'Myths of Harare'
Wycliffe Mundopa at Commune.1
Commune.1 is pleased to present an exhibition of large-scale oil paintings by Zimbabwean painter Wycliffe Mundopa.
Combining personal iconography and allegorical imagery with harsh and gritty references to social reality, Mundopa’s paintings confront the issues facing marginalised groups in Harare’s underprivileged neighborhoods, specifically the plight of woman and children. He transforms the drab fruit carts and dusty streets of Mbare, Harare’s most populous and high-density area, into a sardonic and contorted fantasyland of vice and excess.
Where others may turn to realism to depict such harsh realities, Mundopa endeavors to create a new mythologised language for urban Zimbabwe and its fluctuating moral codes. Here we are seduced by the pageantry of emotionally charged tableaus and the characters they entertain: powerful fish and frog motifs mutate into nurses and prostitutes that are clad in satin stockings and African java prints. These aliases function as ancestral voices calling out to remember the value of each human life, before being drowned out by the overarching urge to succeed at all costs. In this way, his work presents an opportunity to see how painfully and vibrantly womens’ lives -whether they are the mother, prostitute, caregiver, breadwinner, the successful or the poor- reflect the conflicts of political agendas, tradition and shifts within contemporary life in Zimbabwe.
19 February - 26 March
‘In the end, we're all to blame’
Commune.1 presents ‘In the end, we're all to blame’, an exhibition of new paintings by Elize Vossgatter and a collaboration with Berlin-based performance artist Hilla Steinert.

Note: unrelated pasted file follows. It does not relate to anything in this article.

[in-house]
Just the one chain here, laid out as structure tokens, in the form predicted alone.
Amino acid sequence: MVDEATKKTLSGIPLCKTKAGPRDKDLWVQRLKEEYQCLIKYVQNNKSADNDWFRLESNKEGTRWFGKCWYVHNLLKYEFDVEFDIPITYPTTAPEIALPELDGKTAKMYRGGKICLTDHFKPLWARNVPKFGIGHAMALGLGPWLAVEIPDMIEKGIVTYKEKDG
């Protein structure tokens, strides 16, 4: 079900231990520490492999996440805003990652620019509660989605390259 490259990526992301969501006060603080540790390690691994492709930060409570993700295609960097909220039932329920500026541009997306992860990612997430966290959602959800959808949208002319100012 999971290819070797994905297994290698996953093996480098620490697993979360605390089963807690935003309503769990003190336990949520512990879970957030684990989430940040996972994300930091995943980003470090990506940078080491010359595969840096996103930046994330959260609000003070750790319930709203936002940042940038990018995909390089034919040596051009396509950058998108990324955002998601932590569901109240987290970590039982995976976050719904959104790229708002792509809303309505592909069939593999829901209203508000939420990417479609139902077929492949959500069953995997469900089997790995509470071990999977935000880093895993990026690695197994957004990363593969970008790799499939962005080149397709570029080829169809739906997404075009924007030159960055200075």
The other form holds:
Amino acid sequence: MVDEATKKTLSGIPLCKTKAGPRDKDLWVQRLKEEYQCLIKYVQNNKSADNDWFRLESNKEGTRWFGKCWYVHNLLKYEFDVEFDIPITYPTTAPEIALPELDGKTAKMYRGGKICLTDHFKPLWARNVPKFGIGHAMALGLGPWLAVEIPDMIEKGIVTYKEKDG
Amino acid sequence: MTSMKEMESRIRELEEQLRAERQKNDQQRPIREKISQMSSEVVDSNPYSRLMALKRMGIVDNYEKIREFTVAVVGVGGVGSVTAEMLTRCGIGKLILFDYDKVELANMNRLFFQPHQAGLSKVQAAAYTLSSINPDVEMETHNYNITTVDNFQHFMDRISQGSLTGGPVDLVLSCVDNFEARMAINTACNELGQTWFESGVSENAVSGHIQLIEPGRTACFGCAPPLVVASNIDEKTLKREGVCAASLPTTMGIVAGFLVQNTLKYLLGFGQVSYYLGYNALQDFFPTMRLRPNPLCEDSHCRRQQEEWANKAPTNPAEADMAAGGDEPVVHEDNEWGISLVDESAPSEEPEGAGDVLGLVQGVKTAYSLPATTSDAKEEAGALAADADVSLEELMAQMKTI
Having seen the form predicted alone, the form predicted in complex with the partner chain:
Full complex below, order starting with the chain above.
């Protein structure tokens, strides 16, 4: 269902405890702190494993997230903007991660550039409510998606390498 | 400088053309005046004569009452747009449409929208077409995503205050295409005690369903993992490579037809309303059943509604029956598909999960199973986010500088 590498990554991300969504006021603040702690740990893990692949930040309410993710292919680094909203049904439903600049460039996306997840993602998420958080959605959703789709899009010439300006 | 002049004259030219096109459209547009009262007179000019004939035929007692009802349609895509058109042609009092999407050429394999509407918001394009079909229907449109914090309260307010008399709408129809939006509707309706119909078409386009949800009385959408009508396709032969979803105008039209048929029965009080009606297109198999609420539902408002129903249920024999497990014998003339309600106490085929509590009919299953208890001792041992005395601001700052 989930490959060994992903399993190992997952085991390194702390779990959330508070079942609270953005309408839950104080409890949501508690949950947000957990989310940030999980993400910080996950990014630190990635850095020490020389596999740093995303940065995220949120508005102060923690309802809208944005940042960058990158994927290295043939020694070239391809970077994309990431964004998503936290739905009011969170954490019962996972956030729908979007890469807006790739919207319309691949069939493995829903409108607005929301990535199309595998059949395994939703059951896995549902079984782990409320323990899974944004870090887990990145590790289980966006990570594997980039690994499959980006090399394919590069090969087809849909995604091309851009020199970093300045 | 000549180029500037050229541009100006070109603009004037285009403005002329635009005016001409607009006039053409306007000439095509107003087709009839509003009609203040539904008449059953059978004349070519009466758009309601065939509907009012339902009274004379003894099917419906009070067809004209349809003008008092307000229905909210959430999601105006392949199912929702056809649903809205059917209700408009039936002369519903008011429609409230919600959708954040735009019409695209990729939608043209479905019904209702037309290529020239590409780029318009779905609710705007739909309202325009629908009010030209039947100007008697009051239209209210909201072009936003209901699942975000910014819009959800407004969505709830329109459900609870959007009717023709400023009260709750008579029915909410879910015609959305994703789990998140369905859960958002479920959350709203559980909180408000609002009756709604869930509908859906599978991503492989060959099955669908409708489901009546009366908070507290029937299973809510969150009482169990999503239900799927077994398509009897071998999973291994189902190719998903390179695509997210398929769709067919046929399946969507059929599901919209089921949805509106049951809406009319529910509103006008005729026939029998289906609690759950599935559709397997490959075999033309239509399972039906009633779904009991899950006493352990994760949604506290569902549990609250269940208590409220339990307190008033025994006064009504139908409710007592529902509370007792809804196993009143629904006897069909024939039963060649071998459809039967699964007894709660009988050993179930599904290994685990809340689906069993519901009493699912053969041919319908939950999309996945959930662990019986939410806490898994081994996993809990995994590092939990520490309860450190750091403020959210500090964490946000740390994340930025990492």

Following an ongoing interrogation of the notions of the self and its relation to body politics, Vossgatter turns to examine different instances of collectives, groups, gatherings or crowds, through the metaphors of the stage and the staged. These include theatre performances, family snap-shots, school ceremonial photographs and other kinds of gatherings, sourced from social media and from the artists’ personal archive. Where her previously exhibited work considered the individuals’ unnatural relationship to the natural environment due to the superficial accumulations of persona, there is now a consideration of the psychology of the collective and of the pressures it places on the idea of individuality or selfhood. These observations are contextualized by the world that portraits exist in today: proliferating in impersonal digital spaces, easily accessed and obsessively ‘profile’ managed.
With these as starting points, the artist begins to undermine the authority of the stage and the idea of a cohesive performance. This is done by subverting the static audience-actor / photographer-subject relationship, and instead turning the viewer into a participant who is no longer detached and passive. The characters intend to disarm, poised in an outward gaze, yet also appear slippery and ghostly much like the oil and neon they are painted in. Vossgatter’s restless and demanding relationship with her medium, the irreverent use of any fluid material at hand in combination with traditional oil paints, renders surfaces that thin, congeal or glitter. It is in the handling of the paint and its formalities that Vossgatter speaks powerfully to the crises of coping with day-to-day living. At times figures on the verge of becoming identities in themselves, seem to suddenly wither or float away. Spaces that are meant to contain groups are undermined by a flurry of pure painterly marks that corrode depth. As we meet the gaze of anonymous figures, looking out from obliterated surroundings, we are reminded of an inner conflict between our own voice and the voice of others.